Newspapers in the United States published many stories about the vast quantities of gold waiting to be found along the Fraser River in the spring of 1858, fuelling the ambitions of thousands of gold seekers who came north:
During this brief period, ten steamers, making the round trip between San Francisco and Victoria in ten days, had been plying back and forth at their best speed taking five hundred passengers and full freights up, with only thirty passengers and no freights down. Clipper-ships, and ships that were not clipper built, in scores, were crowded alike – the Custom-House sometimes clearing seven in a day. Many of the steamers and vessels went up with men huddled like sheep – so full that all could not sit or lie down together.
With each departure of thousands for the new gold fields, businesses left behind were beginning to feel the pinch. Soon real estate prices plummeted throughout the state of California, and labour prices surged even higher.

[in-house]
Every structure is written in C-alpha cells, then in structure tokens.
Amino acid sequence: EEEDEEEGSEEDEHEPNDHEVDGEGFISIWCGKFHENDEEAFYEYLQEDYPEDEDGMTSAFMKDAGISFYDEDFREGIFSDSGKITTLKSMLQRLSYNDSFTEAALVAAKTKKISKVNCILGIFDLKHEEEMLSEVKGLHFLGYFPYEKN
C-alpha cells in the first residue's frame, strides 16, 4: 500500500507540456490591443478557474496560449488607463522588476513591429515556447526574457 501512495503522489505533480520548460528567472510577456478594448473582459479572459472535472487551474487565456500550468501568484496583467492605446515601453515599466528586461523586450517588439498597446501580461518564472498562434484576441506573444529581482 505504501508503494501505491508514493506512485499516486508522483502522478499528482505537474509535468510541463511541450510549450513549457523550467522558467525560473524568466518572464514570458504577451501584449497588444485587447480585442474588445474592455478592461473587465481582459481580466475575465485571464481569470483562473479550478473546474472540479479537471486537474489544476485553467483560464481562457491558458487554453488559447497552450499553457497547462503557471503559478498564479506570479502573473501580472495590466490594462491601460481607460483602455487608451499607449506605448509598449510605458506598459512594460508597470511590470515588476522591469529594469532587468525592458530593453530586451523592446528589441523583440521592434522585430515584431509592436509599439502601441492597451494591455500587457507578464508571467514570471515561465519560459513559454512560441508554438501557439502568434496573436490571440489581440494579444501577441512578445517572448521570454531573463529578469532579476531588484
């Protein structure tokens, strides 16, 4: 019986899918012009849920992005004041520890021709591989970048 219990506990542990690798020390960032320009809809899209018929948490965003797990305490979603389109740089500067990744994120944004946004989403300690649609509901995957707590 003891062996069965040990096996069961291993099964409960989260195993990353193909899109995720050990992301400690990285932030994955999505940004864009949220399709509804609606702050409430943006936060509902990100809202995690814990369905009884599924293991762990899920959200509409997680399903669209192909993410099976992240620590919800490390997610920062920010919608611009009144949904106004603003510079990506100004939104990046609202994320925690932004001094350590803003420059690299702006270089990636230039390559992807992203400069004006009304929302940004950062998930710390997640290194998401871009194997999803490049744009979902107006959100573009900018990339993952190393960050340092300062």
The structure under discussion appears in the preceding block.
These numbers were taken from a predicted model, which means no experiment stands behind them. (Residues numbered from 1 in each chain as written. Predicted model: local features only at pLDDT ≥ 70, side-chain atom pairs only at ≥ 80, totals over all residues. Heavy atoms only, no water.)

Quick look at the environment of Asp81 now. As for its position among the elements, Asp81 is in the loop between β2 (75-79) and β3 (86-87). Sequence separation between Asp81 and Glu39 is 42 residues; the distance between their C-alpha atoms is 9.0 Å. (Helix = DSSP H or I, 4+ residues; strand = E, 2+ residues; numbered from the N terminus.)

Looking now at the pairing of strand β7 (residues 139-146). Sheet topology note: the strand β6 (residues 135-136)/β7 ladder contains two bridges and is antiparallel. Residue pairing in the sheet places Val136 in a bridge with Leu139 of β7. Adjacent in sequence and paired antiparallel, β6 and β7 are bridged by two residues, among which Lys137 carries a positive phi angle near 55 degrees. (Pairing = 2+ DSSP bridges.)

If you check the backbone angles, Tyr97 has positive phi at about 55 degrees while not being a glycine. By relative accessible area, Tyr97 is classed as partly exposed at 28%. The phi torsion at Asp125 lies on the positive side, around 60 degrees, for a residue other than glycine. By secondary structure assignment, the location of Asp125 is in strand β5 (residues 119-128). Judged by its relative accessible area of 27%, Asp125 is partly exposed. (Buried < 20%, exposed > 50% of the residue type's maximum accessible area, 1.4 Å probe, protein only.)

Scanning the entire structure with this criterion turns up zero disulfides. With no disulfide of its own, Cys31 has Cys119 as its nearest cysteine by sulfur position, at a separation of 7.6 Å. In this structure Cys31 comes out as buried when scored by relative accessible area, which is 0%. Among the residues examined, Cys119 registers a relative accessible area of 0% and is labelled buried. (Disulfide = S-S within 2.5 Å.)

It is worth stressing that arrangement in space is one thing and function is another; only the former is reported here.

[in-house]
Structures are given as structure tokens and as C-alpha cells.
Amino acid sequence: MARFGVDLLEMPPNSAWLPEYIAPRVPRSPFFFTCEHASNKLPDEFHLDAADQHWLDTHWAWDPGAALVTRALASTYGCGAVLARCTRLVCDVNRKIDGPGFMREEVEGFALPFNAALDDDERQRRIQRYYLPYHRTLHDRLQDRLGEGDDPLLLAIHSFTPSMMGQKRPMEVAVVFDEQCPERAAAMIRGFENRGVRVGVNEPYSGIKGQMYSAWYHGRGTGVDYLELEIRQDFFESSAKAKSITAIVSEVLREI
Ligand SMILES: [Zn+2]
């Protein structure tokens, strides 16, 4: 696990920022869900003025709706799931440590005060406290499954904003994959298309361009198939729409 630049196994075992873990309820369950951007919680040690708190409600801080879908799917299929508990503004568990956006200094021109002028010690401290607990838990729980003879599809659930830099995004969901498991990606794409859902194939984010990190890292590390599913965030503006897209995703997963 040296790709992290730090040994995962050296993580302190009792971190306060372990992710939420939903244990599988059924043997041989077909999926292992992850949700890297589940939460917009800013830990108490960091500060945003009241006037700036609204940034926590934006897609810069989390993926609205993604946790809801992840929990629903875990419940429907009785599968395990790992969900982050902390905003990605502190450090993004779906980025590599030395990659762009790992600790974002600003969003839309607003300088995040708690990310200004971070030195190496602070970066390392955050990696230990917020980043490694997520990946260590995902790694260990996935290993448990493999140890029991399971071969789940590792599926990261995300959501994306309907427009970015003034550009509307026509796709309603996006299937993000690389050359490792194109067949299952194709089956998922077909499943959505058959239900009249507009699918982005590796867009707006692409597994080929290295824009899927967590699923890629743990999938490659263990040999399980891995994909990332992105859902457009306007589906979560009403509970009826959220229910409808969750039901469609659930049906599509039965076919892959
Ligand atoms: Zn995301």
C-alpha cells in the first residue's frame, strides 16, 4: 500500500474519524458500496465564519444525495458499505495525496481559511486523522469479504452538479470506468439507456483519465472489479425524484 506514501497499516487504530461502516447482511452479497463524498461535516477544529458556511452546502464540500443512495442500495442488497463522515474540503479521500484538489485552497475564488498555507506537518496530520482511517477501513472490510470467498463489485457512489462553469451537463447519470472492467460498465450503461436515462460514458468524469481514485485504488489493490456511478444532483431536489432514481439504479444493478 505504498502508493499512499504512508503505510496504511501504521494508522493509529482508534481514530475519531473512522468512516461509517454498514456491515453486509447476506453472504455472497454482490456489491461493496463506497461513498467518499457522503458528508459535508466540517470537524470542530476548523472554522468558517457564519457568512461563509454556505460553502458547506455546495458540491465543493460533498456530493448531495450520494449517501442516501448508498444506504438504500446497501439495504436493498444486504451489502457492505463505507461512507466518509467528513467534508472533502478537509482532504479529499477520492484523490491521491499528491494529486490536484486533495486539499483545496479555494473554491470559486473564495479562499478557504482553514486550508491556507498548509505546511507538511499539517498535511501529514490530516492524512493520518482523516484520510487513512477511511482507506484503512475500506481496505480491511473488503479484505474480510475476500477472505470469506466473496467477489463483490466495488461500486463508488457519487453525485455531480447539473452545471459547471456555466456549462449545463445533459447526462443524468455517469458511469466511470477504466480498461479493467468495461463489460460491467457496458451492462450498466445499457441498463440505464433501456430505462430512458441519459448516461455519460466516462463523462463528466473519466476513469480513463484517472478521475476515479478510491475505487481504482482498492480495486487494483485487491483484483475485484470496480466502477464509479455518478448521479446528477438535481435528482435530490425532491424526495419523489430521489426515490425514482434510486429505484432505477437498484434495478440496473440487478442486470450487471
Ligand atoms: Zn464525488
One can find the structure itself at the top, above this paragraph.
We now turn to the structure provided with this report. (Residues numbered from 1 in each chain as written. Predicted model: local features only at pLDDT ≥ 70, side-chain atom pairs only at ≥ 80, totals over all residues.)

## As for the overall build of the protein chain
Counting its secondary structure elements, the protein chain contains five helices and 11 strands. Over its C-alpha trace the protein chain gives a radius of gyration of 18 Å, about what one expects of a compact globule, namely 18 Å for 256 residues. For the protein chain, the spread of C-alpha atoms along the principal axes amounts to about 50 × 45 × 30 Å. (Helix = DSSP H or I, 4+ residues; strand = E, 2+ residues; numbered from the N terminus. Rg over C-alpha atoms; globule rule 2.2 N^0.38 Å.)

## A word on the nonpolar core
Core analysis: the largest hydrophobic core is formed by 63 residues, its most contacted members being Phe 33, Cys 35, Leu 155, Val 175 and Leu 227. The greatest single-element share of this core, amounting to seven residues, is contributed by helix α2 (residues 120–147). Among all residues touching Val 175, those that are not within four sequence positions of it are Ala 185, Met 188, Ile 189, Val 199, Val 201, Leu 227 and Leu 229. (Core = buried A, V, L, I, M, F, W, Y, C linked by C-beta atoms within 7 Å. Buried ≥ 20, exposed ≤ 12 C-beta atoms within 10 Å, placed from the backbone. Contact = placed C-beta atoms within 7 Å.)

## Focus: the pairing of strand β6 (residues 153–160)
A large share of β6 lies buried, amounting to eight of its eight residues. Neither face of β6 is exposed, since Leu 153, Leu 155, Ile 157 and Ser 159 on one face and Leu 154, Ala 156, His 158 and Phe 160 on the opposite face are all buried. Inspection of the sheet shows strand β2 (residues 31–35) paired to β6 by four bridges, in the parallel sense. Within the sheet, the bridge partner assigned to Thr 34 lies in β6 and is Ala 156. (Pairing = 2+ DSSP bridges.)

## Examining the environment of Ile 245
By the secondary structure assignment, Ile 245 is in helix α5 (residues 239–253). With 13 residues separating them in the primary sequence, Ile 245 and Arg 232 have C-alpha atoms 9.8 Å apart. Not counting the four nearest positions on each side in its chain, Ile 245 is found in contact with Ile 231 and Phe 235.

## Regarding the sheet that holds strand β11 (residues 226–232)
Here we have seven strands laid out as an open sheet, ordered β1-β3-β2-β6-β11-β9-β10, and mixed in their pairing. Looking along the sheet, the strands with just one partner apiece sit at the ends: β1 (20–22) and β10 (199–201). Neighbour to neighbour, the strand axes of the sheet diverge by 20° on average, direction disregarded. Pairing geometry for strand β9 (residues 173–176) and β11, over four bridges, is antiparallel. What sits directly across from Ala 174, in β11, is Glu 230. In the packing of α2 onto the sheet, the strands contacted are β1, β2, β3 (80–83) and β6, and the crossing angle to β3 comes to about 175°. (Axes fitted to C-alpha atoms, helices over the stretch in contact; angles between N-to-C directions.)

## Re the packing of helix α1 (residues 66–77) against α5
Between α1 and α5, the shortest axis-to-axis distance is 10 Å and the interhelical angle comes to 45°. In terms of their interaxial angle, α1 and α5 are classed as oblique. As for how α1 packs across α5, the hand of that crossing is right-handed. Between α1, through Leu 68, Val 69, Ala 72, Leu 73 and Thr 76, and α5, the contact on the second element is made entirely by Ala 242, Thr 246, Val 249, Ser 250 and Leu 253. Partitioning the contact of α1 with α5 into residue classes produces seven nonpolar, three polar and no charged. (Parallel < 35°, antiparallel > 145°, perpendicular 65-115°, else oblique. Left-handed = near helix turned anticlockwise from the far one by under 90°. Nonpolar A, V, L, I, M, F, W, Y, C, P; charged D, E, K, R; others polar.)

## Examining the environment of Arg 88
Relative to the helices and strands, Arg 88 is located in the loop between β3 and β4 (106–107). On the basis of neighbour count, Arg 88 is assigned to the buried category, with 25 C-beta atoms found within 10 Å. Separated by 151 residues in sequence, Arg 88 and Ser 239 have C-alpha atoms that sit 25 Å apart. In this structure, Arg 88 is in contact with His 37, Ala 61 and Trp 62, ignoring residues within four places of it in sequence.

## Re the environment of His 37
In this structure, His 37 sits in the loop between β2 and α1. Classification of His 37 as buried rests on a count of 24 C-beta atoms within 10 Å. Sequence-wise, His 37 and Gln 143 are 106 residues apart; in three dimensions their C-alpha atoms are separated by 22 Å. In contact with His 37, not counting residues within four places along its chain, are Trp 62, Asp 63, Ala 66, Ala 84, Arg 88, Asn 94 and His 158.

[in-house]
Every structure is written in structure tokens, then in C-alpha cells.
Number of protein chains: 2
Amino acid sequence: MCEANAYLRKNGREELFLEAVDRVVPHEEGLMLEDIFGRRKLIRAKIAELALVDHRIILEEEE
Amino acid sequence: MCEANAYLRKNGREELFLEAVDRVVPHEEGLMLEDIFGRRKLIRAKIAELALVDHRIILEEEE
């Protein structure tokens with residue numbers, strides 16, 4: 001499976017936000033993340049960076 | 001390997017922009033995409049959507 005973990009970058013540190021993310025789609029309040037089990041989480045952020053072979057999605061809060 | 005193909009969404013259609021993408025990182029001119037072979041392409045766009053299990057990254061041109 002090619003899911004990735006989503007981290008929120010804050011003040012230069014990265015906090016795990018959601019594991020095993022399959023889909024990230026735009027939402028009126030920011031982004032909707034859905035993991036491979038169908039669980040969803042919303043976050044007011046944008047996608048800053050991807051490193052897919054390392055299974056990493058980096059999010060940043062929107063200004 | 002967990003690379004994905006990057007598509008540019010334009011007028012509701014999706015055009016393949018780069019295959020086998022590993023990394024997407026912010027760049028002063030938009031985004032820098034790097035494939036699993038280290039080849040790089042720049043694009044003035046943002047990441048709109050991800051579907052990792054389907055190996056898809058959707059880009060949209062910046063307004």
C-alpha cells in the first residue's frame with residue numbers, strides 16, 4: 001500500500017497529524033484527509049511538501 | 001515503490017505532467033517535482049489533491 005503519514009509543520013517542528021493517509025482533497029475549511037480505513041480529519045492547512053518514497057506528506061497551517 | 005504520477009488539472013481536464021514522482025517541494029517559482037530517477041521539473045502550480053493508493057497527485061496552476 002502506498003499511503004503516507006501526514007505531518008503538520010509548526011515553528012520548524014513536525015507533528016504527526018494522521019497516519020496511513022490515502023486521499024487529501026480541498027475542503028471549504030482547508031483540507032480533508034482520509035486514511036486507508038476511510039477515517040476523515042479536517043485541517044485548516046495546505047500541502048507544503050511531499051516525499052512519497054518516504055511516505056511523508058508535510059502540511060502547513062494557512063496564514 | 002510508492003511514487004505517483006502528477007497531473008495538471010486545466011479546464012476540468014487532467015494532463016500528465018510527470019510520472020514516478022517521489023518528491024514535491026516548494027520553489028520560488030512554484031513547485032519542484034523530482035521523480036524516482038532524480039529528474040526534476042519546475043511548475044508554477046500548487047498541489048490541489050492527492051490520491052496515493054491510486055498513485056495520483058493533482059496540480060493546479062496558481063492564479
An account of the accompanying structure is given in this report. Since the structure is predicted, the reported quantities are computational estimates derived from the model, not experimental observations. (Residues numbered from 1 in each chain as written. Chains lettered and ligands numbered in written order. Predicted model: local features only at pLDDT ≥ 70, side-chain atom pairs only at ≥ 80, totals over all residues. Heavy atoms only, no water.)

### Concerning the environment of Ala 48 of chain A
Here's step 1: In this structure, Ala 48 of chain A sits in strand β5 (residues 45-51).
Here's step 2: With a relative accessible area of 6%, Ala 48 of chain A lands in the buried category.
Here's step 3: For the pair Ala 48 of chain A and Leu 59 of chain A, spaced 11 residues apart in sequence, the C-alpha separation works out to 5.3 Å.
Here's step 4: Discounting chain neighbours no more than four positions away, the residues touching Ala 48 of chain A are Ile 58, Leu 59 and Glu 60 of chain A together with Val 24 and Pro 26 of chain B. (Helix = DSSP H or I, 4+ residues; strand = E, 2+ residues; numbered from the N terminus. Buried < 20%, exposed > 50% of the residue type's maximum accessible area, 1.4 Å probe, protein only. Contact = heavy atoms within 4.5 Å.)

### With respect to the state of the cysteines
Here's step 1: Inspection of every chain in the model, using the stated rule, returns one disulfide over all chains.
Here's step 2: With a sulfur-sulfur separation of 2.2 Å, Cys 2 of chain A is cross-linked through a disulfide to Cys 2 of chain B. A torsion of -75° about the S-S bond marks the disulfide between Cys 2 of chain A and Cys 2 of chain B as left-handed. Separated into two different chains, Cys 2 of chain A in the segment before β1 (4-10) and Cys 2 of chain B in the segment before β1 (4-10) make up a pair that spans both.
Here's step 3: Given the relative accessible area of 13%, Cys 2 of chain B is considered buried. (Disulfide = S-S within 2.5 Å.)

Not surprisingly, it wasn’t long before newspapers began reporting of the difficulties being faced by miners in an effort to dissuade readers from joining the Fraser River gold rush.
Here is an article from the Daily Alta California newspaper dated October 14, 1858:
“There are now more than a thousand miners in Victoria intending to leave for California as soon as they can obtain a passage. Many of them are in want, and tell the gloomiest tales of the mines… It is one general complaint of a wild, dreary country, and only profitable for gold digging below and in the vicinity of Fort Yale.”
Mining licences paid to the colonial government of British Columbia were another source of complaint.
“About one hundred of the returned miners have applied to the authorities to have their license money (five dollars) refunded. It is said that this application has been made on the strength of a promise publicly made by the Governor at Fort Hope, that those who could show that they had not worked in the mines should have their money returned. The claims are first certified before a notary public and then presented to Mr. Nugent, the Commissioner, who will take what action is necessary in the matter.”